Councilwoman Leslie Daigle, who has been critical before, questioned Badum and a representative from C.W. Driver, the construction management company. She asked about potential change-orders and about how they have shifted funds to cover unforeseen expenses.
"This is a very complicated project," said William Hahn, project manager with C.W. Driver. "There are a lot of visual aspects to this project that require a lot of fine-tuning."
One of those aspects is steel. Because some of the building will show exposed steel, the architects have been exceedingly careful to order the right material, Badum said. At a cost of $8.4 million, steel is also one of the most expensive components of the project. Its complications have put plans in flux.
"All the buffers we had in the schedule before are starting to disappear," Badum said.
Another delay involved changes to the shoring wall — a problem that cost about $145,000. In the first phase of construction, Driver spent about $450,000 of its $490,400 contingency, although some of that is earmarked for a later phase.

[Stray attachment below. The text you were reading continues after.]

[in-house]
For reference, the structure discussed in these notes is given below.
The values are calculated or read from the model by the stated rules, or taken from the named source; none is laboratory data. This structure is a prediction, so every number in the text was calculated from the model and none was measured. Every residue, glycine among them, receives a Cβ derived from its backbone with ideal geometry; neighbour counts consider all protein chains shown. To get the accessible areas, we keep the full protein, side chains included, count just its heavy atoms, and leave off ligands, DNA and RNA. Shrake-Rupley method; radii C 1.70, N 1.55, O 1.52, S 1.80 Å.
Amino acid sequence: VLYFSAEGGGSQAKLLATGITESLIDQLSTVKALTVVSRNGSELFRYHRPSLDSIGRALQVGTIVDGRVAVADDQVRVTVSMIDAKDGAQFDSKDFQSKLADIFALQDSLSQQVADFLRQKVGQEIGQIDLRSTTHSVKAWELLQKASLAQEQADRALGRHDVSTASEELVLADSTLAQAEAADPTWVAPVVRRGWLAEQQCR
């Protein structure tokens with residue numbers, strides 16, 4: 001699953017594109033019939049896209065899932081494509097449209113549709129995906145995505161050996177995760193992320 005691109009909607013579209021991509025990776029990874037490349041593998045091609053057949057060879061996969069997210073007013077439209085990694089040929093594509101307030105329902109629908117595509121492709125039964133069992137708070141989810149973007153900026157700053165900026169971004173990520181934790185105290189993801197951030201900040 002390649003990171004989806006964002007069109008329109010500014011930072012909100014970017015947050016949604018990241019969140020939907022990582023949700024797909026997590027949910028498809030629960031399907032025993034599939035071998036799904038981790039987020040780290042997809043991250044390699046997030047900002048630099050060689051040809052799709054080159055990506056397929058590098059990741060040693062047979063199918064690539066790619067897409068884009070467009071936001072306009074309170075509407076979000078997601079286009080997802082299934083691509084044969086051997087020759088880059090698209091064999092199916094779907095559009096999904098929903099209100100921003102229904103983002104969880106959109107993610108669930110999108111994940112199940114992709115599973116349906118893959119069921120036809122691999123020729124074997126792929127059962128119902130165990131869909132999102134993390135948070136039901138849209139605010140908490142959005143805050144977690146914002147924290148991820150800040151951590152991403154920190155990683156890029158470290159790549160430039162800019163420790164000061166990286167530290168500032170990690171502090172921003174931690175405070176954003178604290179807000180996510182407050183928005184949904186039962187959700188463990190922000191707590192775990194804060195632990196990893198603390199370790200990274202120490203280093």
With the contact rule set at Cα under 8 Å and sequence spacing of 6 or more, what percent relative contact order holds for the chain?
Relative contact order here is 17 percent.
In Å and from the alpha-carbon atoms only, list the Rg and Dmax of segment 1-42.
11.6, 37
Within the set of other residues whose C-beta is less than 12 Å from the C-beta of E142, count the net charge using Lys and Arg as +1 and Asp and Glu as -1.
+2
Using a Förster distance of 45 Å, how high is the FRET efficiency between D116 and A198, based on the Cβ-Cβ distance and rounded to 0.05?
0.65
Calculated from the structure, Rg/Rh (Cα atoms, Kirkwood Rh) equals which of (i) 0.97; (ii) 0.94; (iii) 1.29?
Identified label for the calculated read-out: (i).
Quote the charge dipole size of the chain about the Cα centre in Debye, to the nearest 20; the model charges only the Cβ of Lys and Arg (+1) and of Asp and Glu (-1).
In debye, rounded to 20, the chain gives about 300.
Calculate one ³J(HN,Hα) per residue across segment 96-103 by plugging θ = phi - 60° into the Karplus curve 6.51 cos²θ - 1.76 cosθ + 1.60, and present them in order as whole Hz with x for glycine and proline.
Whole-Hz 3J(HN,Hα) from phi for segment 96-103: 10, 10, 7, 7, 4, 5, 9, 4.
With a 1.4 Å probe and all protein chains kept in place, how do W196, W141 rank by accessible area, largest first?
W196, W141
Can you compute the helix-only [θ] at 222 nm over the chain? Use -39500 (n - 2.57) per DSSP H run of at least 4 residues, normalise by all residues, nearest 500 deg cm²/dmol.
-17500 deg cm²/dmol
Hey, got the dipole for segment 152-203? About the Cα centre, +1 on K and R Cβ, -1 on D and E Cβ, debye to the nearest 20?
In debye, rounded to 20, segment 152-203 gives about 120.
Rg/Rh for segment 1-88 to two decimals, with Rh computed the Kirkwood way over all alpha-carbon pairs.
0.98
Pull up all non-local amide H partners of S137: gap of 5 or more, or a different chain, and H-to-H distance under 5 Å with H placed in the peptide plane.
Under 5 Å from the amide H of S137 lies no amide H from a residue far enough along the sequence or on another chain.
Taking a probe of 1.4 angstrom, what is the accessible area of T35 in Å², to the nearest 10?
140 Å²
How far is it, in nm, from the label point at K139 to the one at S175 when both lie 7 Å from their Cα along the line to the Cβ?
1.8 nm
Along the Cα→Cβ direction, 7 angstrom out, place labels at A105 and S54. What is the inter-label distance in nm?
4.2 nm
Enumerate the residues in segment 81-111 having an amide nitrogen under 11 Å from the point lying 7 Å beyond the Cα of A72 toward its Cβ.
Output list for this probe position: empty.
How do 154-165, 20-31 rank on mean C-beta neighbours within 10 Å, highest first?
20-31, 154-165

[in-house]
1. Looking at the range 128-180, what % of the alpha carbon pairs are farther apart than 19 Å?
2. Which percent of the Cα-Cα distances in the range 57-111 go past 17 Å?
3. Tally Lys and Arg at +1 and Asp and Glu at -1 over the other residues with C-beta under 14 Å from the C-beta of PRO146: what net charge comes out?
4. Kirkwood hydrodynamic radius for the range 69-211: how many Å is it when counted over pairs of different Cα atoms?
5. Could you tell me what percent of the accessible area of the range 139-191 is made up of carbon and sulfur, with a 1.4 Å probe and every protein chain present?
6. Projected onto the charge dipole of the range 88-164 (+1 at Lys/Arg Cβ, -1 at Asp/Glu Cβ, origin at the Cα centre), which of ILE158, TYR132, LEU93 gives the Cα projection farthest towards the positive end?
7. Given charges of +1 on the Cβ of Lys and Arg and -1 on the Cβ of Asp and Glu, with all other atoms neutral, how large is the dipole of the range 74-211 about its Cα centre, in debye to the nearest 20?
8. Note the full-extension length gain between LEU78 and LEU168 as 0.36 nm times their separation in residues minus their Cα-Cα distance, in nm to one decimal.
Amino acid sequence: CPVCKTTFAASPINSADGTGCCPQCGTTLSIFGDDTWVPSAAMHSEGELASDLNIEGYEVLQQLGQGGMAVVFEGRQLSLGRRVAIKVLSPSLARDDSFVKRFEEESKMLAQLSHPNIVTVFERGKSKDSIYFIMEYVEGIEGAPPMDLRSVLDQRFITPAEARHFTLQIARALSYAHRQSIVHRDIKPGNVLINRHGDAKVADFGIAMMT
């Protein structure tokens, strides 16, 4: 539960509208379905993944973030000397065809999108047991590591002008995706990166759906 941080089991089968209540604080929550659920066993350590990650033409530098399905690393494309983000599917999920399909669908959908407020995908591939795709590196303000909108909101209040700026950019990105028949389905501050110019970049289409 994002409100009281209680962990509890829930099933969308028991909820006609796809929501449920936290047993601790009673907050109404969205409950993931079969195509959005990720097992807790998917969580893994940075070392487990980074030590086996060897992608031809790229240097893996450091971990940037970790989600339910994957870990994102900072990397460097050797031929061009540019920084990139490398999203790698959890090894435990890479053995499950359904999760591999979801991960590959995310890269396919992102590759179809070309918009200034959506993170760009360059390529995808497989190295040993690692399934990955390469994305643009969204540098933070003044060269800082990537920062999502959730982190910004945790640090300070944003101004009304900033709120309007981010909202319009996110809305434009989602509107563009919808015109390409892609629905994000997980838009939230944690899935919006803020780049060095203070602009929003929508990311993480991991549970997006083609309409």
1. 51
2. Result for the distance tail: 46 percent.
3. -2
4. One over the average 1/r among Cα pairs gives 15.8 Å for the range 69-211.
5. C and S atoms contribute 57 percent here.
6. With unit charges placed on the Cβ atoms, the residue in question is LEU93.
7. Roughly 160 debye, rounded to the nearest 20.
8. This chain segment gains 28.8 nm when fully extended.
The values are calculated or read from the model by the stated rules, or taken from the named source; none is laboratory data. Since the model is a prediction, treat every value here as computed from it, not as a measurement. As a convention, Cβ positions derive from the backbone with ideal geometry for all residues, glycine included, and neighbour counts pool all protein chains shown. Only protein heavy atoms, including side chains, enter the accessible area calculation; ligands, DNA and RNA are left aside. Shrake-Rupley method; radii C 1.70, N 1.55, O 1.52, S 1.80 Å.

For the second two phases, which are underway, the city allocated about $2.3 million of contingencies in Driver's contract. As an incentive, the company would receive 25% of any of those funds that go unused. It has spent about $132,000 of that, but much work remains.
If crews are able to make up lost time, Badum said they could still hit the December 2012 move-in date.
Some council members said they were satisfied with the progress and Driver's work.
"I feel as if they're watching the money as if it is theirs," said Councilman Rush Hill.
Beyond Driver's contingency, the council could approve an additional $2.6 million of changes.